Incapacitated crew and boarding party members might be dead, seriously injured, unconscious, captured, or otherwise neutralized, but regardless of their condition, they are unable to contribute for the duration of the starship combat. When determining which creatures are incapacitated, a starship’s non‑officer crew members are incapacitated first. If a PC would be incapacitated while resolving a boarding event, it’s often best to have them captured; however, if a group refuses to yield, reduce that PC to 0 Hit Points, and the PC must spend enough Resolve Points to stabilize (Core Rulebook 250). If that PC does not have enough Resolve Points, they die.
As a guideline, half of the combatants incapacitated during a boarding event survive to recover after starship combat ends. This increases to 75% of the incapacitated defenders if their starship has a medical bay (Core Rulebook 299).
The boarding party’s relative size plays a significant role in how quickly they can overcome defenders and inflict damage, represented by a modifier to the boarding attack. To calculate this modifier, compare the number of combatants in the boarding party to the defending ship’s complement, using the following table.
|BOARDING PARTY SIZE||COMPLEMENT MODIFIER|
|Less than 10% of the target’s complement||–8|
|10–20% of the target’s complement||–4|
|20–50% of the target’s complement||+0|
|50–80% of the target’s complement||+2|
|80–100% of the target’s complement||+4|
|Larger than the target’s complement||+8|
Starships often incorporate security features that stymie invaders. A starship’s BR has a base security modifier of +0, modified by the following security features (rounded up). Antipersonnel weapons provide their BR modifier only against the first boarding attack attempted against the starship, after which the weapon exhausts its ammunition and must be reloaded as an open crew action.
|Antipersonnel weapon||1/3 × weapon level|
|Antipersonnel weapon, heavy||2 + 1/3 × weapon level|
|Computer countermeasures||1/3 × number of countermeasures|
A typical starship’s crew members have basic combat skills that help them fend off attackers, represented by the starship’s tier. However, well-trained combatants can quickly overpower unskilled foes. A starship that has a basic, specialized, or elite combat training facility as an expansion bay increases the crew’s military capabilities to skilled, specialized, or elite, respectively, each of which increases the starship’s BR. A starship benefits only from the most advanced combat training facility it has. For military starships published prior to this book, consider granting their crews the skilled or specialized benefits as appropriate.
|CREW SKILL||TRAINING MODIFIER|
If two or more allied boarding parties board the same starship, they can
choose either to operate independently or combine forces. When operating independently,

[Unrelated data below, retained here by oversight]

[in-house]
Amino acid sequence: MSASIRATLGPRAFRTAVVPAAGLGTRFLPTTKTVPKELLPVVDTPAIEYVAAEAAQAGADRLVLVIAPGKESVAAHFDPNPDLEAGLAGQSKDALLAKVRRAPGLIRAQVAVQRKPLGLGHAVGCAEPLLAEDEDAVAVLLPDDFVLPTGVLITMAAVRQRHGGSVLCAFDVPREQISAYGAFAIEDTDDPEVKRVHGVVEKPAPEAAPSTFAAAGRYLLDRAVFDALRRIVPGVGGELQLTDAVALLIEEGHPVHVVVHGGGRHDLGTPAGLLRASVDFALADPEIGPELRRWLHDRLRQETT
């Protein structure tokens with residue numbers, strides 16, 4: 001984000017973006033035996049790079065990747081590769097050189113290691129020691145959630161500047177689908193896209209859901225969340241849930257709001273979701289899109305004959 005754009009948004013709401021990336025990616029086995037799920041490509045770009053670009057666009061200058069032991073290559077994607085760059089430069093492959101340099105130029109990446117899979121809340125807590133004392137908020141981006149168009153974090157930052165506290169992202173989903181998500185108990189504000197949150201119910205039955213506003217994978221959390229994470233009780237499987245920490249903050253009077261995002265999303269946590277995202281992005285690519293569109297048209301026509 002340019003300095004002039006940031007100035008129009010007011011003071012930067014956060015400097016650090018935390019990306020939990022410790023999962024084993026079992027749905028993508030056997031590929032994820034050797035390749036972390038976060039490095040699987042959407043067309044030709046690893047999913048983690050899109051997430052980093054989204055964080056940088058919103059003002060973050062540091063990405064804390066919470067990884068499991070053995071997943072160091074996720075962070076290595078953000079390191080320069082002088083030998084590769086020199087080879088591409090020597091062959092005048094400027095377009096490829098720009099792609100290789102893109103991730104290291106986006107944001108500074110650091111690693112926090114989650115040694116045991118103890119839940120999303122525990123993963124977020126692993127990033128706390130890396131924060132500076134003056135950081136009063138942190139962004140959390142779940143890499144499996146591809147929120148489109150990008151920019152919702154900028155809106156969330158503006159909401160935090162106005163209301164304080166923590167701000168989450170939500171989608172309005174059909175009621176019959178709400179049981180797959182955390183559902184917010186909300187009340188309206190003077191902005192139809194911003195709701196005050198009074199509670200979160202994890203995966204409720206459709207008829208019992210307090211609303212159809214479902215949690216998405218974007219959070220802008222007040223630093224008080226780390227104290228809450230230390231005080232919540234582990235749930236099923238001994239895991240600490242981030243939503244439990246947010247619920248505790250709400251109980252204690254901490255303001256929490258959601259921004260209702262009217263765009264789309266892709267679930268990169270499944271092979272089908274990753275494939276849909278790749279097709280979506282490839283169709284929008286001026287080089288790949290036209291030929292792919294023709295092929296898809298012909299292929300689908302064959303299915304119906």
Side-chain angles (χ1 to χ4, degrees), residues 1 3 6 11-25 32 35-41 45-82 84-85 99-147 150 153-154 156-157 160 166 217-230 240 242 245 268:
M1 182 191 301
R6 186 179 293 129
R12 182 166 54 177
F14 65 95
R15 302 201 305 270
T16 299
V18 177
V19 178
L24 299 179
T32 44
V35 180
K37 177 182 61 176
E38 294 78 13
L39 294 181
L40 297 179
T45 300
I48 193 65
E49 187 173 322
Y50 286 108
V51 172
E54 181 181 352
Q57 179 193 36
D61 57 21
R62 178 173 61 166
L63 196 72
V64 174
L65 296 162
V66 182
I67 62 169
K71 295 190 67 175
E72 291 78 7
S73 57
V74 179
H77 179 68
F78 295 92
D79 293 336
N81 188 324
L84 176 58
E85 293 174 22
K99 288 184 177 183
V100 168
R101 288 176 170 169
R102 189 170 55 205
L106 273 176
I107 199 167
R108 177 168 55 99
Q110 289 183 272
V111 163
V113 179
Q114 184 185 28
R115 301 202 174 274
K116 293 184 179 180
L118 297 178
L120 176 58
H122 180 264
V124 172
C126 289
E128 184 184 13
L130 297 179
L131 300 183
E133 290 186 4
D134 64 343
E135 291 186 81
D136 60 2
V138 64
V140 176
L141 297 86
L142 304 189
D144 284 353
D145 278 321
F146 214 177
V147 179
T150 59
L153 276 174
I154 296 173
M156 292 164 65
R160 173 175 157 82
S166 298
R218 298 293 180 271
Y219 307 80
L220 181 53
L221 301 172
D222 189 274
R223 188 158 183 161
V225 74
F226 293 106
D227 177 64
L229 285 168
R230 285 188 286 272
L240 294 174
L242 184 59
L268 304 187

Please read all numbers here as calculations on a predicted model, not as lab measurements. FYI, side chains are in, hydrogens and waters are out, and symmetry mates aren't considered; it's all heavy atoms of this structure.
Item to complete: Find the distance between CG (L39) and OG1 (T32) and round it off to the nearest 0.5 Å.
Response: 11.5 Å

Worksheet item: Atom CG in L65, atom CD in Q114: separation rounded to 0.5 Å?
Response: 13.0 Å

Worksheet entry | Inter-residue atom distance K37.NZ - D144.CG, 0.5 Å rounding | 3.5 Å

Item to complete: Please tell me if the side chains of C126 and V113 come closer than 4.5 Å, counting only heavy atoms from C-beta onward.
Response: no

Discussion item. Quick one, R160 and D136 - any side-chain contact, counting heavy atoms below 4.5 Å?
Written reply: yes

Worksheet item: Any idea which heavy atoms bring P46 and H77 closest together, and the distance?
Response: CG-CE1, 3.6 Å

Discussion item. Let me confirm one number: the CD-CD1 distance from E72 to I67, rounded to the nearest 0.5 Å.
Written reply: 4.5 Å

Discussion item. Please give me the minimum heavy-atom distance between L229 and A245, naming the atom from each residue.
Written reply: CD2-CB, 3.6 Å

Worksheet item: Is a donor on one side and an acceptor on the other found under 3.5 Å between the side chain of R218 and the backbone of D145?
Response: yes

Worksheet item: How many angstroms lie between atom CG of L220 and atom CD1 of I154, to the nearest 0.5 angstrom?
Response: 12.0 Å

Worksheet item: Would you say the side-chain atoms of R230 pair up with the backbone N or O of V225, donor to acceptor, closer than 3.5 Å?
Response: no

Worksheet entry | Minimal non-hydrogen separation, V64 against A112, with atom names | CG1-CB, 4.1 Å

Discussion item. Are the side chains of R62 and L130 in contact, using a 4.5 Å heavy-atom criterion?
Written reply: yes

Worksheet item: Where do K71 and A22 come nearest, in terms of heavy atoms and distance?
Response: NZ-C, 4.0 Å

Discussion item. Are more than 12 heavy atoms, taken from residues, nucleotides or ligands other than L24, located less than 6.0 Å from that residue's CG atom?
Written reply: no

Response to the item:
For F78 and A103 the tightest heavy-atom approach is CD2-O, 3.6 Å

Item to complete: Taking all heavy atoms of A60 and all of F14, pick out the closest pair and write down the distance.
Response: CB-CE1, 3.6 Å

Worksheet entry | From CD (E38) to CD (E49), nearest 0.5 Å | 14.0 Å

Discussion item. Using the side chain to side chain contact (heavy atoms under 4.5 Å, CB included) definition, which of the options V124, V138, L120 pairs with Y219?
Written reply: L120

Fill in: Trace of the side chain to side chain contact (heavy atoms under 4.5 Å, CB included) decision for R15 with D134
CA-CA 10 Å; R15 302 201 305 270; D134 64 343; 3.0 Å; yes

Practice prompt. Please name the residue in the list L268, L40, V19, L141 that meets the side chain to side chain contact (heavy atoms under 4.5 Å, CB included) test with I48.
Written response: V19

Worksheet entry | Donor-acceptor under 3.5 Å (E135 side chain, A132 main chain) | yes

resolve each boarding party’s boarding attack separately.
When boarding parties combine forces, add their number of combatants together to calculate their complement bonus, and use the average of their training modifiers (rounded down). Combine the boarding parties’ combatants to determine how many combatants are incapacitated during the boarding event.
When multiple PCs participate directly in a boarding event, it’s best to
put the starship combat on hold at the end of the current round. Record the
starships’ positions and statuses (their HP, SP in each quadrant, etc.). Resolve
the boarding action as a tactical encounter using a 5-foot-square grid.
Calculating CR: In general, a boarding party encounter’s CR is 1 less than the tier of the enemy starship (e.g. boarding or repelling invaders from a tier 9 starship is a CR 8 encounter). Increase the CR by 1 if the boarded ship’s BR is at most 5 higher than the boarding attack modifier. Conversely, decrease the CR by 1 if the boarding attack modifier is at least 15 lower than the boarded ship’s BR.
These values assume that only some of the PCs are participating in the encounter, with the rest remaining at their posts. If the entire party participates, consider increasing the CR by 1 or more to provide the appropriate challenge.
PCs Attacking: If the PCs successfully overcome the combat challenge, they deal damage to the enemy starship as if they had succeeded at their boarding attack. If they succeed within 3 rounds (or otherwise achieve an extraordinary victory, at the GM’s discretion), the PCs also incapacitate a fraction of the enemy ship’s complement as though the boarding attack exceeded the BR by 5.
PCs Defending: If the PCs successfully overcome the combat challenge, they treat the boarders as if they had failed the boarding attack by 5. If they succeed within 3 rounds (or otherwise achieve an extraordinary victory, at the GM’s discretion), the PCs also incapacitate a fraction of the enemy’s boarding party as though the boarding attack failed the BR by 10.
After resolving the encounter, resume the starship combat for one round, and if the PCs continue to engage in or defend against boarding actions, begin another tactical encounter to represent the next boarding attack, repeating as necessary.